Connect with us

News

Maintaining the Equlibrum Between You & the Pounds! Here are 10 Tips for Fight the Bulge

Published

 on

May 2nd 2013. In the hot, bustling terminal of the Muritala Mohammed International Airport, relief and exhilaration flooded over me. Relief that I would not be saddled with the aggravating task of clearing my four suitcases, and exhilaration that I was, well, home. I had been away for a decade, and “nothing was the same,” people said. However, it all felt strangely familiar – passengers on the Delta flight handing out concussions while retrieving luggage, same culprits rushing to disembark the aircraft only to queue in an immigration line moving at a snail’s pace, and the heat, oh the glorious heat – like I had been away for ten days and not ten years.

I spent the car ride multi-tasking: engaging in lively banter, taking in the sights, and mentally prioritizing all the delicious meals I needed to try. My mind raced with ideas of what to eat, when to eat, where to eat, who to eat with. I did not visit Lagos for its cuisine, but I was determined to give my taste buds a meaningful, cultural experience.

Everyone had warned me about drastic weight gain. I had no plans of returning to Atlanta looking as though I had eaten my mum and sister in a single meal. I recall my baby sister’s words, while half-hugging me goodbye at the Atlanta airport: “Two things, Rexie. Come back smaller, and come back with a boyfriend!” Right. As though Lagos were a grocery store where in addition to healthy foods, you could purchase men according to taste, size, expiry date and price.

Anyway, I decided to handle these “first world problems” like any smart, adventurous person would: take two weeks to go H.A.M, revert to healthy eating after two-week binge and exercise. My H.A.M. period lasted more than two weeks, I got frustrated locating and PAYING for healthy substitutions, my fitness level suffered some and I returned to Zee in Atlanta about 7lbs heavier. As for the boyfriend demand? Well…

So I’m back in my zone now, 4lbs lighter, reminiscing about my best summer so far and finally being able to relate to the struggle that is staying in shape in good ol’ Gidi. I did not lose weight in Lagos but I did learn exactly what it takes to keep the pounds at bay. And because I’m so generous, here are some tips on how to best maintain your “equilibrium.”

The Oil
Seriously. A LADLE of oil to fry eggs? One TABLESPOON of oil has 120 calories. A ladle is at least five tablespoons. 600 calories. We haven’t even factored in the bread, and you’re already over a quarter of your daily caloric intake (based on the average 2,000 calorie diet). Use cooking spray or one tablespoon of oil (olive oil preferably). You don’t need a ladle of oil for stew either. As for palm oil, stay away from it as much as you possibly can. If you must, use a little quantity. Your egusi isn’t necessarily tastier because it’s red. Half of the fat from palm oil is saturated fat, which raises cholesterol levels and increase one’s risk of heart disease and stroke.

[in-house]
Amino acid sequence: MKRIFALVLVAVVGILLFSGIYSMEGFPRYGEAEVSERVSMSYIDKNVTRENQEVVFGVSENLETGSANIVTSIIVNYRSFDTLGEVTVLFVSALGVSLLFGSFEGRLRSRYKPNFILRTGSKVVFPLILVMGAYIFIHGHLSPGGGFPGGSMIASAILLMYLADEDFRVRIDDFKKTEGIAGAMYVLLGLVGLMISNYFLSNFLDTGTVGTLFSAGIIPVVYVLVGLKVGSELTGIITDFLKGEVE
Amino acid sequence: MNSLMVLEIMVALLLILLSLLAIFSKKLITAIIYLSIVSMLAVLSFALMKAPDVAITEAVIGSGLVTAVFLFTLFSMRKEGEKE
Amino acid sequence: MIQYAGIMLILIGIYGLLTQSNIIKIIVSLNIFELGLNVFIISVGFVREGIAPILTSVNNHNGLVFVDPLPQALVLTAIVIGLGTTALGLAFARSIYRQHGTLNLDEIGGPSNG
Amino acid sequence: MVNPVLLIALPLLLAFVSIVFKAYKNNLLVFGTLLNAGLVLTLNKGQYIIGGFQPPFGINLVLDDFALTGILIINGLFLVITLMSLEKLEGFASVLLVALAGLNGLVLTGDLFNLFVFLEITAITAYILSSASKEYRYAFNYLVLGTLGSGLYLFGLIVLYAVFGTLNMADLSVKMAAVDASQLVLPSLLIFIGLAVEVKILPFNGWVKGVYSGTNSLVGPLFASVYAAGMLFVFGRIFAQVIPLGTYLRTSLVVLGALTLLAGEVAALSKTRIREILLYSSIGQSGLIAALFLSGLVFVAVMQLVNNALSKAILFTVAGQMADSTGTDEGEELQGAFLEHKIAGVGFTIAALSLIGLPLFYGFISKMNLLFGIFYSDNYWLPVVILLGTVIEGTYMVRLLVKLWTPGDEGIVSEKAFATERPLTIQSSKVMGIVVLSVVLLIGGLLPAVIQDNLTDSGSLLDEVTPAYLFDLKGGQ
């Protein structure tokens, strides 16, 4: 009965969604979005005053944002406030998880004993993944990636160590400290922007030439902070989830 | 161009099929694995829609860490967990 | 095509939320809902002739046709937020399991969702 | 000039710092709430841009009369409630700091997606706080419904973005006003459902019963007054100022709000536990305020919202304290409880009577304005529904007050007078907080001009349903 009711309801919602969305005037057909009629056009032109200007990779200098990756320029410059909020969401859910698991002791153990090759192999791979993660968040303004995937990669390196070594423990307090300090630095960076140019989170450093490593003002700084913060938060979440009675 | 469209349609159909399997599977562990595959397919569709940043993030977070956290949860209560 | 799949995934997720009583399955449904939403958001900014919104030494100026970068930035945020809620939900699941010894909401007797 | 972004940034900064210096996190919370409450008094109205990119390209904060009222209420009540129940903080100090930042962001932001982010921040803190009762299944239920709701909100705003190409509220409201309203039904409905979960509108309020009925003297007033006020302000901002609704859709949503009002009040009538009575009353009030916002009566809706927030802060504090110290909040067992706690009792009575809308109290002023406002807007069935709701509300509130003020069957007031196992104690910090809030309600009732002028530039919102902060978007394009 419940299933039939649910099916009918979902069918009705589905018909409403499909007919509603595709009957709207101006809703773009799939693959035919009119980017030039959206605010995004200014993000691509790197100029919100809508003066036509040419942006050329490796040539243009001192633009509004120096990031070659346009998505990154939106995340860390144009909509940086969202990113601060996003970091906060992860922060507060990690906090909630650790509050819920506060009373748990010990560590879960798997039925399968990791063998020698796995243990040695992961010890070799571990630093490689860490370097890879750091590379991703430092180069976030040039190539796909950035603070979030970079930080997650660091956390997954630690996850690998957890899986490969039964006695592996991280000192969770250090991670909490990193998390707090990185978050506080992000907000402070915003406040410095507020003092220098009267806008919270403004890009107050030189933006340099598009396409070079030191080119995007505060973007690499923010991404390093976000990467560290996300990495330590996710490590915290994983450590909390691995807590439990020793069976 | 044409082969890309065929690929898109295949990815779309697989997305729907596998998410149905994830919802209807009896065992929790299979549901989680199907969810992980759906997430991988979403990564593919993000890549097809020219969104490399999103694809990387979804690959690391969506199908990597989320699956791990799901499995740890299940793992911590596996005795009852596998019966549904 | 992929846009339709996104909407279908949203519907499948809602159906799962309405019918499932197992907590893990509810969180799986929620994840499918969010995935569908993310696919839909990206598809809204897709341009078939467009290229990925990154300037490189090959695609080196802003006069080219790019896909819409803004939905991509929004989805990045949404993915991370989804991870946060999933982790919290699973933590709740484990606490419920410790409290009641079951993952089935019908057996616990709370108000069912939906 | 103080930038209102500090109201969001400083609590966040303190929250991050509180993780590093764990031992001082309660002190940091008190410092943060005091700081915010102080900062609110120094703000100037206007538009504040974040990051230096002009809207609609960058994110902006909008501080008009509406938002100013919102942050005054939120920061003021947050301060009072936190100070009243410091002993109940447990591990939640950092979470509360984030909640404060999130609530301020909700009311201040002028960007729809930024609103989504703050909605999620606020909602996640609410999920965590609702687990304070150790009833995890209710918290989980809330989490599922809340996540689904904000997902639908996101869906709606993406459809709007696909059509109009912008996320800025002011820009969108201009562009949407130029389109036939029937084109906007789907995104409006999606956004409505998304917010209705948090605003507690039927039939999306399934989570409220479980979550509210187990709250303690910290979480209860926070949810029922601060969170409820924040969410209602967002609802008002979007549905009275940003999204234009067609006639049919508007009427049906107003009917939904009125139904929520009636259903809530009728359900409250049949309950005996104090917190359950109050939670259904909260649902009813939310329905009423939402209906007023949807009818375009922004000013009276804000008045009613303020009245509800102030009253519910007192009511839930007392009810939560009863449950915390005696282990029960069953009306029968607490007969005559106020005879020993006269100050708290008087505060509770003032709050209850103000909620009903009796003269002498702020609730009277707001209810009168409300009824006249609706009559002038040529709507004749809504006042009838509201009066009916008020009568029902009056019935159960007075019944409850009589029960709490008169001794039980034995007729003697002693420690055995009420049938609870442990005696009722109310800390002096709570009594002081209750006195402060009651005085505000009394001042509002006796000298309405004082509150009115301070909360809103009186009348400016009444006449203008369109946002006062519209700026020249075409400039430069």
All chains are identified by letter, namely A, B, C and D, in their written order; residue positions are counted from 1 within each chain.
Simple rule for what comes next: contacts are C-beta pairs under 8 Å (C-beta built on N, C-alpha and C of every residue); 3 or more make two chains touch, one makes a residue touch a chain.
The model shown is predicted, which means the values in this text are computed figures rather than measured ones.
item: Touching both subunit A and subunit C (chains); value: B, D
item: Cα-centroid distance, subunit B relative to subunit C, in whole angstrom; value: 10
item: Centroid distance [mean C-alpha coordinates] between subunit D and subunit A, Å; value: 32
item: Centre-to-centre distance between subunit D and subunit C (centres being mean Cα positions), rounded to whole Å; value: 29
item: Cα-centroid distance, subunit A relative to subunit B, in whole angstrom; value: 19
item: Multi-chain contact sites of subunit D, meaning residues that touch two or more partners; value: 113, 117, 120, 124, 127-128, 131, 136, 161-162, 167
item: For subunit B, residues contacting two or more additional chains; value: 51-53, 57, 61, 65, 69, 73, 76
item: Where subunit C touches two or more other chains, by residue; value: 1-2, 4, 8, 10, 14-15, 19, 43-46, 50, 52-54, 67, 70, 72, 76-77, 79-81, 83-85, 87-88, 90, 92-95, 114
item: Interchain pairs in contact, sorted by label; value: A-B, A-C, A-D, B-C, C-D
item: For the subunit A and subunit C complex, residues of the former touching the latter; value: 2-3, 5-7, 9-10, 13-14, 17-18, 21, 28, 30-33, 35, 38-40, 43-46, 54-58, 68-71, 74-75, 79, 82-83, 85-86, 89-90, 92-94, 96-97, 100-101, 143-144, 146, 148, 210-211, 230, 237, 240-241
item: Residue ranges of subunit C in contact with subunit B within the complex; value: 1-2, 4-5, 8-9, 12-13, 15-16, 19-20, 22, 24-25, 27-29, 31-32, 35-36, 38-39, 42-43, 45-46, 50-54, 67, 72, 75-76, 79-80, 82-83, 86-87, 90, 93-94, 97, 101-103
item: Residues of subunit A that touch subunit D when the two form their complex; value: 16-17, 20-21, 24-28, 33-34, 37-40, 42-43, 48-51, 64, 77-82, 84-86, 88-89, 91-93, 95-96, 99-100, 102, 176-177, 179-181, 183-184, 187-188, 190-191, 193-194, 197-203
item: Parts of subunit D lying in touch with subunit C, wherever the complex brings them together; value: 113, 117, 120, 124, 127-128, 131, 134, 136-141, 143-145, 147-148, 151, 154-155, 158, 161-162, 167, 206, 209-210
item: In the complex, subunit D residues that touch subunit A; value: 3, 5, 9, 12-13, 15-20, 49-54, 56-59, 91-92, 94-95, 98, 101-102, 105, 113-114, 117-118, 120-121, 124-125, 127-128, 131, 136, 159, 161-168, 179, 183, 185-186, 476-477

That Rice & Eba life
The average Nigerian diet contains carbs that could make even an Italian stop in his tracks. Yam for breakfast. Rice for lunch. “Swallow” for dinner. Go easy on carbohydrates! Eat cereals (Weetabix is a great choice), oatmeal, omelets, fruits, yogurt for breakfast. You can combine them of course. Remember other lunch/dinner options exist! Sweet potatoes, boiled/roasted plantains, beans, and moin moin, brown rice, lentils, quinoa, whole wheat pasta and more! Did you know you could make cauliflower rice? It is delicious! If you’re going to eat white rice/eba/pounded yam, do it in moderation, will you?

Empty Calories
From Chapman to beer to Shayo (a term I really despise), the Nigerian diet is rife with liquid calories. Chapman at Sky lounge? Check. “Mineral” or beer at the bukka joint? Check. Rosé at Rhapsody? Check. Call me crazy but, drinks are a waste of calories. If anyone ever asked me one of the secrets to losing or maintaining my weight, I’d tell them it was cutting out those empty calories. Why waste the 250 calories on Sprite? Why consume an extra 250 calories? Surely, one must “shayo” every now and then. Drink responsibly. Some of you do it much too often. Even healthy juices should be taken in moderation because they contain a lot of sugar. Water is your friend. Love it. Drink it often.